I have lived in Charlotte for most of my adult years, but I grew up in the American West. My parents bought the side of a mountain in Colorado’s Front Range back in the early 1950s, and that mountain served as my backyard until I headed off to college at the age of seventeen. Given my Colorado connections, I have long had a particular fondness for books set in the West. I am not the only resident of Charlotte who is drawn to the American West as a setting for stories. Two of my creative writing colleagues in the English Department at UNC Charlotte—Aaron Gwyn and Bryn Chancellor—set much of their fiction in the American West.
Aaron Gwyn grew up on a ranch in Oklahoma, and his familiarity with the American Southwest is reflected in many of his stories, including his new novel, All God’s Children: A Novel of the American West. Set largely in Texas between 1827 and 1847, All God’s Children braids together the stories of three characters: Duncan Lammons, an adventurer from Kentucky who is riddled with a sense of guilt because of his homosexual desires; Cecelia, an African American woman who grew up as a slave in Virginia; and Sam Fisk, a frontiersman from Arkansas. These three characters come together on the Texas frontier, where they form a complex relationship. Their lives are shaped by the transformation of Texas from a province of Mexico to an independent republic to becoming the 28th state in 1845.
All God’s Children just came out in October, but reviewers are already praising it for its portrayal of the American West. The reviewer for the New York Times Book Review celebrates the novel for its “powerful depiction of the rough realities of frontier life.” The reviewer for Lone Star Literary Life writes, “Gwyn possesses a distinctive voice that is, nevertheless, a recognizably Western rhythm,” and the reviewer for Publishers Weekly calls the book “a masterpiece of Western fiction.”
Bryn Chancellor spent many of her formative years in Arizona. She often sets her stories Arizona, including her debut novel, Sycamore, which came out in 2017. The title is the name of the small town in Arizona where the novel takes place. Told from the points of view of multiple residents of the town, this novel focuses on a young woman who mysteriously disappeared from the town in 1991. Sycamore garnered starred reviews from Publishers Weekly, O: The Oprah Magazine, The Library Journal and many other influential periodicals at the time of its publication. Bryn is now writing two more books set in Arizona. I recently contacted her and asked for more information about these new works. Here is what she sent to me:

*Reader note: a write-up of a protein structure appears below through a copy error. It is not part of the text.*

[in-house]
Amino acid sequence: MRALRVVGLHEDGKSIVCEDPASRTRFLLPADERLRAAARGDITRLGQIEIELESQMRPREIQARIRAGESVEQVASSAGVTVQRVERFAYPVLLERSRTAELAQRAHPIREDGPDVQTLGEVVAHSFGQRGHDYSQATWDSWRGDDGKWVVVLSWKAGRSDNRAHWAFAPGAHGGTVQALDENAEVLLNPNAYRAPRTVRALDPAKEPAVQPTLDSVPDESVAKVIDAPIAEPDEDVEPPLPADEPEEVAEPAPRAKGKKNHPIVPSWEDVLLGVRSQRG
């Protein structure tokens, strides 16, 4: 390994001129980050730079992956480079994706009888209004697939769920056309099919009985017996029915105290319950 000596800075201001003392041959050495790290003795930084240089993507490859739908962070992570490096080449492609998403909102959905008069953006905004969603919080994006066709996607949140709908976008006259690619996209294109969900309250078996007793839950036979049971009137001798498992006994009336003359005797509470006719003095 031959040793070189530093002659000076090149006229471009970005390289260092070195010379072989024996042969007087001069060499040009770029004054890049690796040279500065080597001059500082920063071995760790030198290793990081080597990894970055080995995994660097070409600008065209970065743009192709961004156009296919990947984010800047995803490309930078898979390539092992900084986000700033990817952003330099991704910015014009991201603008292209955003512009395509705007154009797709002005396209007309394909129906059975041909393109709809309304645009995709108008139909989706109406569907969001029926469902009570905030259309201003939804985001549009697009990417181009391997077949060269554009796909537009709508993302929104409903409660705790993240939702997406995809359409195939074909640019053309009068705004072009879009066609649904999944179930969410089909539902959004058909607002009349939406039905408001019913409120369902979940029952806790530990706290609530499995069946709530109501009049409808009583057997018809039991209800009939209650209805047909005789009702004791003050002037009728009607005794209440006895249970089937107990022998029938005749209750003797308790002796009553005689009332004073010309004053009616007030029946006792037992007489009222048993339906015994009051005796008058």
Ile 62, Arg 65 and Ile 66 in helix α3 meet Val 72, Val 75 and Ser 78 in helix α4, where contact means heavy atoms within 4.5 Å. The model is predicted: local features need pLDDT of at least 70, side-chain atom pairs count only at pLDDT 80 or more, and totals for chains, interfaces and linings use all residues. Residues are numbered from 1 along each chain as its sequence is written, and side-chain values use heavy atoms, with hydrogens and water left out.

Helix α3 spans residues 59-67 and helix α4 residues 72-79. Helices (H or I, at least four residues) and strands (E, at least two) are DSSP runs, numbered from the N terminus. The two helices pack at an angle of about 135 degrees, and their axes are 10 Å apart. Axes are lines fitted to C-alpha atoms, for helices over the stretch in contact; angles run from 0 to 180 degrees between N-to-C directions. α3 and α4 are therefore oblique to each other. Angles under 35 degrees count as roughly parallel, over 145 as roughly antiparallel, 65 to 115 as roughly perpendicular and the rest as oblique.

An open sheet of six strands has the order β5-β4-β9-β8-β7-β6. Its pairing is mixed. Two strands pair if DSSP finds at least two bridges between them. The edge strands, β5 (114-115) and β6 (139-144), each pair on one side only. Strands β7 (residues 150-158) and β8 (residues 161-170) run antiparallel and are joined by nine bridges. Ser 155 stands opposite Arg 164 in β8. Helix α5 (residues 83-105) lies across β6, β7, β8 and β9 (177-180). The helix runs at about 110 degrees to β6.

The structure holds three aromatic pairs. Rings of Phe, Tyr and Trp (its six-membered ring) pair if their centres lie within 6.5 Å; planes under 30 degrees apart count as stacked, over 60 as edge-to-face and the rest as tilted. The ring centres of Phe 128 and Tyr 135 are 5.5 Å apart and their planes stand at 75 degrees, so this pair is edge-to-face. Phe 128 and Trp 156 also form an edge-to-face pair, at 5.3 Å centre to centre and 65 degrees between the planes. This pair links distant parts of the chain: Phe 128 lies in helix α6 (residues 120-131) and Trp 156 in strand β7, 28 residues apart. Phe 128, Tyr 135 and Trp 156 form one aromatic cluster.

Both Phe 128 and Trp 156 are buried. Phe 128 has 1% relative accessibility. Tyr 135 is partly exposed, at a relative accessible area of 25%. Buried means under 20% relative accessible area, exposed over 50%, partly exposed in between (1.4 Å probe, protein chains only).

I am working on two books both set in the American Southwest, where I lived for thirty-five years and where my family still resides. The first is People of Earth, twelve linked short stories (sometimes called a story cycle or composite novel) set in the same downtown Phoenix neighborhood. The second is Soon, Mercy, an epistolary novel set in Oak Creek Canyon north of Sedona, Arizona. Both projects align with my longstanding storytelling interests: working- and middle-class characters who sometimes go unnoticed in the world and in literature, along with the unexplored corners and unusual geologic landscapes of small-town and urban Arizona, from the heat-baked low-lying Sonoran Desert to a dormant volcano above the treeline at 11,000 feet. As Joan Didion did with California or Kent Haruf with Colorado, I hope to bring my Arizona into focus as more than myth or stereotype, to show the complexities of the place and its people.
I am proud that both Aaron and Bryn teach in UNC Charlotte’s English Department. As creative writing professors, they contribute to the educations of countless students. As fiction writers, they contribute tales of the American West to the ever-expanding library of books that make up Storied Charlotte.